In recent times, some tech companies have been considering their position with regards to hardware and profitability, tempted to transfer emphasis to the world of software and services, and its healthier margins.
Not Larry Ellison, though. In a recent speech at a conference in Japan, he reaffirmed Oracle's commitment to producing custom hardware for its software products. That's despite the fact that Oracle's software and support revenues were up last quarter, in comparison to a 16 per cent fall in hardware.
At Oracle's OpenWorld conference, Ellison asserted: "You have to be in the hardware business and the software business, to get the best possible system. We believe it's the right idea, we believe it's the next generation of computing, we believe all the pieces have to fit together."
There is certainly a synergistic element to the two facets, which is probably why HP eventually thought better of flogging off its PC arm (eventually merging the group with its printer division instead).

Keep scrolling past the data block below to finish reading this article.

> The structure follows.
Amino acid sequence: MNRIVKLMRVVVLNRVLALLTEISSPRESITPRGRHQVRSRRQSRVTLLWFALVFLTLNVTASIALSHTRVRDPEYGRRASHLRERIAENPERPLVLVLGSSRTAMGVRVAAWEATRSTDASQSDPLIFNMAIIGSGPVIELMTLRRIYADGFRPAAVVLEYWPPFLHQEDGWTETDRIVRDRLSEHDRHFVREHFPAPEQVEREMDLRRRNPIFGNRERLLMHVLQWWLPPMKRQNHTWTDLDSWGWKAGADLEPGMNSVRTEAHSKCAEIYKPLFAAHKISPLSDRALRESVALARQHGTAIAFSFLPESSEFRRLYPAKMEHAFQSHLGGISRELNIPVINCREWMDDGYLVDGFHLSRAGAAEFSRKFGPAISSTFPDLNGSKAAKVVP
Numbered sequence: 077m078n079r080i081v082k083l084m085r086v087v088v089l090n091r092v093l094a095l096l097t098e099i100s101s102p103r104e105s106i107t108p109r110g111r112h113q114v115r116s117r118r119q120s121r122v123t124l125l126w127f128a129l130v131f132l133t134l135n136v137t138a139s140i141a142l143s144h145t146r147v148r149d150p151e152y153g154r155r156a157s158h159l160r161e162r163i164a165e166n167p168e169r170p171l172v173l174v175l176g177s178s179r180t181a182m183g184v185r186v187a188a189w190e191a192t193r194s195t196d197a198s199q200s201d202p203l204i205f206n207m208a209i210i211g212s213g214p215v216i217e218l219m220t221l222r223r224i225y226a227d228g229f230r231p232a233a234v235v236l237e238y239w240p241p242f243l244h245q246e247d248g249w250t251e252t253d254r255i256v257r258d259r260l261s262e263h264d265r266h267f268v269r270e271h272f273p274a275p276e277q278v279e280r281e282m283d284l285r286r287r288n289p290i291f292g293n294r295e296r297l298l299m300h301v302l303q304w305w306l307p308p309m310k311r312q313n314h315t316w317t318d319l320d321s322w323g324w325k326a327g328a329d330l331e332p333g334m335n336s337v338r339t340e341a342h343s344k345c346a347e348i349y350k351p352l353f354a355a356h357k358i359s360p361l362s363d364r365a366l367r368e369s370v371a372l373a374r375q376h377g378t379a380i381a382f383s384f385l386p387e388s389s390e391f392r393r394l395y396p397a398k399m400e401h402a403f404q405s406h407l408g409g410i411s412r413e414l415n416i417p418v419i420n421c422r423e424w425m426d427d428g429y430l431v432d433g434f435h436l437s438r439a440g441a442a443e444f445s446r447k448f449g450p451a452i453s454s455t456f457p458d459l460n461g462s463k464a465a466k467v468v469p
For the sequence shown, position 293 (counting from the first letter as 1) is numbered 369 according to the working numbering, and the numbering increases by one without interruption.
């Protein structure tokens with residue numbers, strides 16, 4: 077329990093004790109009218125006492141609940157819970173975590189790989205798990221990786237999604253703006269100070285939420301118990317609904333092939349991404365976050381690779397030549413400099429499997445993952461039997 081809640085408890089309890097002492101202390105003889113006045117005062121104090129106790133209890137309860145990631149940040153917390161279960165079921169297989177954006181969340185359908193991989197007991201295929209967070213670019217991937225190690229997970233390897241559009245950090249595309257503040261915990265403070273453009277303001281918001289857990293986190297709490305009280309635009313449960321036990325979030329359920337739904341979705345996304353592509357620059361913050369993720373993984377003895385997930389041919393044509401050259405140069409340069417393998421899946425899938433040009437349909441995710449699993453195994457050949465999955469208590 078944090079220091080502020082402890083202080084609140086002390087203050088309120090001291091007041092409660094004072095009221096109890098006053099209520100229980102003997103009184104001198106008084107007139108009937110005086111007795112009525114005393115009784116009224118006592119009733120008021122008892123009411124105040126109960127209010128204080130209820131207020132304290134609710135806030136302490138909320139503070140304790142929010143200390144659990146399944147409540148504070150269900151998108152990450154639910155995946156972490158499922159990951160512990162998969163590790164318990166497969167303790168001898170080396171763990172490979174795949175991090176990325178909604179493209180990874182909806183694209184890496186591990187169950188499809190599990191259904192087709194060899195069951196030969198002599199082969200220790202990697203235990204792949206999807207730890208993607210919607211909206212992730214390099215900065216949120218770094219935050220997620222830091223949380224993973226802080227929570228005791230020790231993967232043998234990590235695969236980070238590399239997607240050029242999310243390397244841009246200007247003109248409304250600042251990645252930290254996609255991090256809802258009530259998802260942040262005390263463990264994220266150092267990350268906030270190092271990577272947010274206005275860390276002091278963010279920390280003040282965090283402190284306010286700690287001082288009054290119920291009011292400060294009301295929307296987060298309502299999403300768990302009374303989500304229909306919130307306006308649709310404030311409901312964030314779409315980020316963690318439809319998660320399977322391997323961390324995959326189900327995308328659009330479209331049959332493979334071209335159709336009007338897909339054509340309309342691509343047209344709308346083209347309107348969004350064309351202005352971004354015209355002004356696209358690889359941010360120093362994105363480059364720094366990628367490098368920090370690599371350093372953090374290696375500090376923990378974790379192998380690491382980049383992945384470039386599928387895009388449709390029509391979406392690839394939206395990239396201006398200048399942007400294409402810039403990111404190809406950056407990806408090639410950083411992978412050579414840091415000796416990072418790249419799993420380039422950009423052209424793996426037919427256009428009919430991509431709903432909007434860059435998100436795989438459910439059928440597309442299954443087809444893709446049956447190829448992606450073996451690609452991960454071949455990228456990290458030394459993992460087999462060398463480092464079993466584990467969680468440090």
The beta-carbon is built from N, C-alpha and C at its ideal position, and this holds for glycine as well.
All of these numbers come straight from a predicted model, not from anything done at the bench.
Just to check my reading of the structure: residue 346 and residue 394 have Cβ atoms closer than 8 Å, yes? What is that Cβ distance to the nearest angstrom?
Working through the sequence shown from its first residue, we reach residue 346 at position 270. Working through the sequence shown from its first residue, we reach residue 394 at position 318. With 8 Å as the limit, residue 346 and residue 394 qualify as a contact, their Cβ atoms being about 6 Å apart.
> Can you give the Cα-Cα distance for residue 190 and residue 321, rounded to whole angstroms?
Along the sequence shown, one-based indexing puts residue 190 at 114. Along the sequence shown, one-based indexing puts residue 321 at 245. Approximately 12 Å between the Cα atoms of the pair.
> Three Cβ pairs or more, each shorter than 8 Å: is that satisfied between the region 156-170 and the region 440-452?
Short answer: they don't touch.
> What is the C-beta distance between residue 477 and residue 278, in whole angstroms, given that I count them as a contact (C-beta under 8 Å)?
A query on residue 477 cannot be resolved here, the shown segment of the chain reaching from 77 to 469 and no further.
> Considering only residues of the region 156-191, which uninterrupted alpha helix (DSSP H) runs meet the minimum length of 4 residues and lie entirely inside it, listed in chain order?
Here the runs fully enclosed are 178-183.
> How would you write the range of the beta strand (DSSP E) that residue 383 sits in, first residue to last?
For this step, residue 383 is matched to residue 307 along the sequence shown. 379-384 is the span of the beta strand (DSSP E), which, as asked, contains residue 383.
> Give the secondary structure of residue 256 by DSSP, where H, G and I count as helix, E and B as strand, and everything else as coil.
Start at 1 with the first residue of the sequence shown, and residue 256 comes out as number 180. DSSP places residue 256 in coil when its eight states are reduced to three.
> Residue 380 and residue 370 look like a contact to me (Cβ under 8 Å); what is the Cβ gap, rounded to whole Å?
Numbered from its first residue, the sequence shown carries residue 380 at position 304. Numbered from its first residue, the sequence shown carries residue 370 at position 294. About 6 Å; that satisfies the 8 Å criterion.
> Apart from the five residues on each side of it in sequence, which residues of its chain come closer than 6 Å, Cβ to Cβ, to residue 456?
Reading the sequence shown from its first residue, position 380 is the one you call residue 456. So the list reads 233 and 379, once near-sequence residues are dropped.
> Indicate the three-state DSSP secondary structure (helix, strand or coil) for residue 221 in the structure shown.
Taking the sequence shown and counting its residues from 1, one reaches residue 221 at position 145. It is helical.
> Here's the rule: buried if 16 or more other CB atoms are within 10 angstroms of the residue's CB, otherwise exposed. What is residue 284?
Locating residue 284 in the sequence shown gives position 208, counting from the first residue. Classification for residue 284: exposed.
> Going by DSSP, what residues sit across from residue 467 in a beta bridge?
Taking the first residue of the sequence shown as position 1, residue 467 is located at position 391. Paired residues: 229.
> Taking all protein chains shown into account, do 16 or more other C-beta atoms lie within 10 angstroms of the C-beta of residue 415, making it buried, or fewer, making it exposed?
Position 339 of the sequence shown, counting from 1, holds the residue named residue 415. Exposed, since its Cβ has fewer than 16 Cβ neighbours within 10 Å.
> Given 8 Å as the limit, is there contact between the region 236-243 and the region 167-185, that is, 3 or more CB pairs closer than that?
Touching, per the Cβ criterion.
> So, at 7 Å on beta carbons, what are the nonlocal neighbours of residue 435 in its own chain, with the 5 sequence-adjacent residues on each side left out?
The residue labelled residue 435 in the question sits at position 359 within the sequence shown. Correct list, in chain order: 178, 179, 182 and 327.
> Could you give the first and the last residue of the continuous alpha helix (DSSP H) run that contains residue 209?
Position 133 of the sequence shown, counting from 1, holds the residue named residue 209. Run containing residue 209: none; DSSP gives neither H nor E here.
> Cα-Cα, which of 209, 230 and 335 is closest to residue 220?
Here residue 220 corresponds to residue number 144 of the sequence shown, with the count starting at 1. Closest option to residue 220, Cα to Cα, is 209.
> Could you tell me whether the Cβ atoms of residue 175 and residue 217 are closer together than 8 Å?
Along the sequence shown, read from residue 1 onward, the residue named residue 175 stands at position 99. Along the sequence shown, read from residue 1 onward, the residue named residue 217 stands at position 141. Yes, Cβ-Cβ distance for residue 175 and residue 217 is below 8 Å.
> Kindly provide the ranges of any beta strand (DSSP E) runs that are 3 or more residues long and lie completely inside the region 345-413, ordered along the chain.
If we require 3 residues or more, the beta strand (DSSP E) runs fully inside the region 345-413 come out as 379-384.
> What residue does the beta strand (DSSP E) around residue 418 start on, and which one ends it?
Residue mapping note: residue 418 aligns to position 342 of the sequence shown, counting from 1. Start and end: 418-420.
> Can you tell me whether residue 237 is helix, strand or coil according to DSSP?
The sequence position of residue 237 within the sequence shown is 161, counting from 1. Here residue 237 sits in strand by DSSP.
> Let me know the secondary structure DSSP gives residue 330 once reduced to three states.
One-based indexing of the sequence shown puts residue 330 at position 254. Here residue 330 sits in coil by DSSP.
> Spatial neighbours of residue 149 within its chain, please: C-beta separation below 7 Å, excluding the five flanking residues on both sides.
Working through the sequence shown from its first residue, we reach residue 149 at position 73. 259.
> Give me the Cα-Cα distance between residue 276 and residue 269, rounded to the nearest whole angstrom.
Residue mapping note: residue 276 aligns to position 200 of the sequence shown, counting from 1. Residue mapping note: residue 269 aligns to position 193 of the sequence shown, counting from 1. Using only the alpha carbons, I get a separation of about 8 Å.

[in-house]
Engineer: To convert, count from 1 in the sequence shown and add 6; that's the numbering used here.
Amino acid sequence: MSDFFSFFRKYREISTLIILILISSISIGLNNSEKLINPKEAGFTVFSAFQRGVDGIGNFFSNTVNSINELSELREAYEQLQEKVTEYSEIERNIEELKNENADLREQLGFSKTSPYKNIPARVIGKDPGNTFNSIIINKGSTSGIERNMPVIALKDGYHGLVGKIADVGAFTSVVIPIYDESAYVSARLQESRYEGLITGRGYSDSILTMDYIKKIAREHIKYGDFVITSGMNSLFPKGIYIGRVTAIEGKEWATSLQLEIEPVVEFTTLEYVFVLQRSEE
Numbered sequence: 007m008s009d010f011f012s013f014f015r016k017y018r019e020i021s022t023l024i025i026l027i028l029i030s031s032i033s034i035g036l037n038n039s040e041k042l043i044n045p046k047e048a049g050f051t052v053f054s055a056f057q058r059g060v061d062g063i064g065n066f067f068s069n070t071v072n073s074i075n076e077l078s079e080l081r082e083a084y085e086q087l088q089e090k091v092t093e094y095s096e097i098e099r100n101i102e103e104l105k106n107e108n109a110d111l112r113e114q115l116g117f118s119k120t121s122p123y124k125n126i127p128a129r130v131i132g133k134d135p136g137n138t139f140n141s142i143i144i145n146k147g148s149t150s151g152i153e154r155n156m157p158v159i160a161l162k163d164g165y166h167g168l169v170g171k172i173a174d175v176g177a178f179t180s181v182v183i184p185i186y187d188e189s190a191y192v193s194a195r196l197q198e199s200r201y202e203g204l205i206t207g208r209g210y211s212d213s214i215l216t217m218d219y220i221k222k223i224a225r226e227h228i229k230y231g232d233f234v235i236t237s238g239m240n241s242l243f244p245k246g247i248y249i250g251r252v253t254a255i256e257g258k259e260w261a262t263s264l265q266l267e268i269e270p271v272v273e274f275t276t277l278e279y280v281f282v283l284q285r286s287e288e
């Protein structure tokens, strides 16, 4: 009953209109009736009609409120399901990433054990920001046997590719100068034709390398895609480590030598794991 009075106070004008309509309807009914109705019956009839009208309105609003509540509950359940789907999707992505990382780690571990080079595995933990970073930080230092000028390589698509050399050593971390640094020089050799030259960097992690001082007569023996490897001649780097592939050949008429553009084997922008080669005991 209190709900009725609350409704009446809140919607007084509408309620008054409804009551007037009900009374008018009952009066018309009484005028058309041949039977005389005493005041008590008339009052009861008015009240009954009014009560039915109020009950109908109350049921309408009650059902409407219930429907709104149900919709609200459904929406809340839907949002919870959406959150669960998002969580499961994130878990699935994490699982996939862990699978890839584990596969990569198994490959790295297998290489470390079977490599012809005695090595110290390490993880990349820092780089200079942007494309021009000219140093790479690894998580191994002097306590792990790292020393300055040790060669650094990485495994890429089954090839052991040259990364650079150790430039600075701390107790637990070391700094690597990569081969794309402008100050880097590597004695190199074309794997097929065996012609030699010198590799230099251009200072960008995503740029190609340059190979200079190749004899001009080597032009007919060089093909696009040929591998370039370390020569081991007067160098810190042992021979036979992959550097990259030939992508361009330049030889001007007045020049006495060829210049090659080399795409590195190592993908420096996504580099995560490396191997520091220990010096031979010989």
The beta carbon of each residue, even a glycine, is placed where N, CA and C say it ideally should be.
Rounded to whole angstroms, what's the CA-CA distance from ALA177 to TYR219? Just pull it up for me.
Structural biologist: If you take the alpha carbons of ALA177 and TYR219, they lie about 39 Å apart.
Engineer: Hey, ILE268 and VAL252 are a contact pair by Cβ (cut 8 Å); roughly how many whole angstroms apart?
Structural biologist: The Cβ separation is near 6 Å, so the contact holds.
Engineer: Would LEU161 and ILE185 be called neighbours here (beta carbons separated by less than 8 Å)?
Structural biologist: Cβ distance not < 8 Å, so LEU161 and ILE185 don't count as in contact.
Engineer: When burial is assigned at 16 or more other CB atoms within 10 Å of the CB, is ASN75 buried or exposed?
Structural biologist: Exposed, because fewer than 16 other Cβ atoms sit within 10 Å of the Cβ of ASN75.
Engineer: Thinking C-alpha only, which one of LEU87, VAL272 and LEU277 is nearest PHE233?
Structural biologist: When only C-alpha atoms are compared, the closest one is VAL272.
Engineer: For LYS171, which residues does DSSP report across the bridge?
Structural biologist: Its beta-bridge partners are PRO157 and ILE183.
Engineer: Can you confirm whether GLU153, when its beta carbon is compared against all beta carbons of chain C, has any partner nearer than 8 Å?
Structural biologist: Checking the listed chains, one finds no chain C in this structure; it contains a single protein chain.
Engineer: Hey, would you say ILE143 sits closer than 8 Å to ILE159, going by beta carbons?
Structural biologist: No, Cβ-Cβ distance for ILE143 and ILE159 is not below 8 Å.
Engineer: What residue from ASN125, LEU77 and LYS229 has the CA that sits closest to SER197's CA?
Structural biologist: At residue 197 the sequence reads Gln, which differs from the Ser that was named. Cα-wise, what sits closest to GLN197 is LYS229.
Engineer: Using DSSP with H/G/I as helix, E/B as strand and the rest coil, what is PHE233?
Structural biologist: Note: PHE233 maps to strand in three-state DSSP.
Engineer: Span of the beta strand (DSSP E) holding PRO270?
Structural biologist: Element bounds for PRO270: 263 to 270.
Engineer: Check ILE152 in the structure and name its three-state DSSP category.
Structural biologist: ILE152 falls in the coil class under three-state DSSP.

Ellison pointed to Apple as a leading light in terms of tight software and hardware integration, and success therein. He also underlined the fact that Oracle's advanced servers were booming, raking in a billion dollars a year in revenue.
He emphasised the strength of these advanced servers, packed with huge gobbets of Ram and speedy flash-based storage, which he argued are cost competitive with large server farms (they don't need as much electricity, or physical space).
Oracle is certainly continuing down the hardware path, and with some conviction, it would seem.